The decision to ban commissions on only some listed securities encourages dodgy advisors to provide suboptimal advice.
Credit markets are improving but three dark clouds on the horizon point to the possibility of worsening conditions ahead.
The lockdown has resulted in a surge in payment problems, with one in eight home loan borrowers now unable to keep up with their scheduled repayments.
The extraordinary number of small businesses that had problems paying their debts before this crisis began now have few options left.
Virgin’s downfall is another example of how the predominantly retail buyer base has long struggled to recognise the risks of hybrid securities.
Without going into insolvency soon, Virgin Australia risks going the way of Ansett and being sold off for scrap.
For those that seek out the illiquidity premium, this is a rare opportunity to increase your prospective return whilst decreasing the risk of long-term capital loss.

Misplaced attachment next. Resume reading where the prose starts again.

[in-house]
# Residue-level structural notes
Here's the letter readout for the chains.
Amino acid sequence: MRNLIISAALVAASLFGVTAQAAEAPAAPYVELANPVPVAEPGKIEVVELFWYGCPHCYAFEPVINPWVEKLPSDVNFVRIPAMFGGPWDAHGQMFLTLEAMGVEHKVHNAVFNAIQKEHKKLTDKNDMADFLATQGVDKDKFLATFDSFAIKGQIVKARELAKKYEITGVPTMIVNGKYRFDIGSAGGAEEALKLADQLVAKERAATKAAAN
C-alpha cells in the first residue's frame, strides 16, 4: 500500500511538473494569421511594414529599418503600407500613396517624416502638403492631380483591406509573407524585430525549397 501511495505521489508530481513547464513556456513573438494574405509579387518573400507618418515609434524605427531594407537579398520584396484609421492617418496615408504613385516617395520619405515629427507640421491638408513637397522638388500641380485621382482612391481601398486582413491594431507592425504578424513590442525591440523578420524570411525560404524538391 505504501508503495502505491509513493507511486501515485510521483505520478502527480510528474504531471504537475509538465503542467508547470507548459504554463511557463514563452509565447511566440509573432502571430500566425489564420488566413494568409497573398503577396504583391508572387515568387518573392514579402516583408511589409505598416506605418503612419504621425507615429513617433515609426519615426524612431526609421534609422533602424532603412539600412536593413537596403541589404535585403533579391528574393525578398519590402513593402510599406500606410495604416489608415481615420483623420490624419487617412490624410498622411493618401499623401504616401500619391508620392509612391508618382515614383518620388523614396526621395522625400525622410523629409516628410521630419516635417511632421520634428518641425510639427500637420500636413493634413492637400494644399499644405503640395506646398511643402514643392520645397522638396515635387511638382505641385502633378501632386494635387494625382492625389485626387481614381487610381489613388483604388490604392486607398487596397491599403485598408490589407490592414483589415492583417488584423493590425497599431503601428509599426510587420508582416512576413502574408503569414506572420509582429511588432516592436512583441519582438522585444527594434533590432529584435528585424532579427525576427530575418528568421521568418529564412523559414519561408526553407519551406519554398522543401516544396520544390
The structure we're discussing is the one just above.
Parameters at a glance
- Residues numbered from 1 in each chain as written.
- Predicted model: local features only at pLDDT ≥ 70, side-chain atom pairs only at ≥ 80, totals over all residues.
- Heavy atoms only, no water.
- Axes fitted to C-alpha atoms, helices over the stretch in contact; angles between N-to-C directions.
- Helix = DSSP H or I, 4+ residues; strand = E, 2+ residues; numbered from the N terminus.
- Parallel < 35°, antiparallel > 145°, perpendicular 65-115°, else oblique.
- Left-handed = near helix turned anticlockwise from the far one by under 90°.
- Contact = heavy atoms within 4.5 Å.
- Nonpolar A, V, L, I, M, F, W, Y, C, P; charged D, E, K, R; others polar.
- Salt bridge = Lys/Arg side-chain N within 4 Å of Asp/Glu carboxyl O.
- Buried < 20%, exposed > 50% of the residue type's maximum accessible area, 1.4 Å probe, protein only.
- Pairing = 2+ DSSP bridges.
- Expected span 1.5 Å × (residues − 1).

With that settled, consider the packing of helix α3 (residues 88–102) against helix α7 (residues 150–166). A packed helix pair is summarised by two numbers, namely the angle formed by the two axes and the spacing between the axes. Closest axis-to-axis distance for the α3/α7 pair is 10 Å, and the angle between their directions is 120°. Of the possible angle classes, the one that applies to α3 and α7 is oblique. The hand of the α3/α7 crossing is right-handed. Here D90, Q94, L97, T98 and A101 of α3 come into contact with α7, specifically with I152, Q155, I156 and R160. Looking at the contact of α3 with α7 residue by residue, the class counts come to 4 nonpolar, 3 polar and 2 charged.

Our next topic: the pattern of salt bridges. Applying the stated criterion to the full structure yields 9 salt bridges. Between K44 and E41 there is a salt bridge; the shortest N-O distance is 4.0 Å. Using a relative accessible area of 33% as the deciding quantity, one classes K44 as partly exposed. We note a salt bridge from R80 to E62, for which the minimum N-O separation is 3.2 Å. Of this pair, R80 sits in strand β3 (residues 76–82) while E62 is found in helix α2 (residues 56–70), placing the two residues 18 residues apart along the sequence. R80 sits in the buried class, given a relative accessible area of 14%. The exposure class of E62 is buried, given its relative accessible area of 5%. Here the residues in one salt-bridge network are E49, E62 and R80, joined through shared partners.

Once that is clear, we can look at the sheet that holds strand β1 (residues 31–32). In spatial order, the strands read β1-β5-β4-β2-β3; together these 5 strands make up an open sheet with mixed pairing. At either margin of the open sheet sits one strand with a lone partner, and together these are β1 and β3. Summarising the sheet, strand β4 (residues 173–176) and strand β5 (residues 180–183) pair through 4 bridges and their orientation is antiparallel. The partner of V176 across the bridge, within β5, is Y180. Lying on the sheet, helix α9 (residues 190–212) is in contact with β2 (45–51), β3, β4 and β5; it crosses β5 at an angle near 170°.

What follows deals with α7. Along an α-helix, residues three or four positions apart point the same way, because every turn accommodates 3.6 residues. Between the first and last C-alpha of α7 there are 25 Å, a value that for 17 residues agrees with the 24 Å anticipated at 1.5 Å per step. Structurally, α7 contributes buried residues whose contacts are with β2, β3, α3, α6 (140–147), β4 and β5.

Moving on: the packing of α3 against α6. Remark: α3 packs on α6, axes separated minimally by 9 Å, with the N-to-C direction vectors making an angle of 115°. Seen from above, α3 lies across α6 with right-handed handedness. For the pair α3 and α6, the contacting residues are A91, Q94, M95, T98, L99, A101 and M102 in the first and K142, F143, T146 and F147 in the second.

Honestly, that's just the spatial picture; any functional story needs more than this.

The changes to insolvency protections will allow the weakest business to accrue liabilities and inflict greater losses on their employees and suppliers.
From 2012-2019 central banks should have been unwinding stimulus, but instead they increased it and created a bubble in financial markets and the economy.
As asset valuations are gradually updated, more forced sales and fund lock-ups are likely.
The RBA’s decision to cut rates on March 4th seems more about appearances than cold economic logic.
In the search for an apparent bargain, turnaround stories and cyclical companies are attracting far more capital and attention than they otherwise would.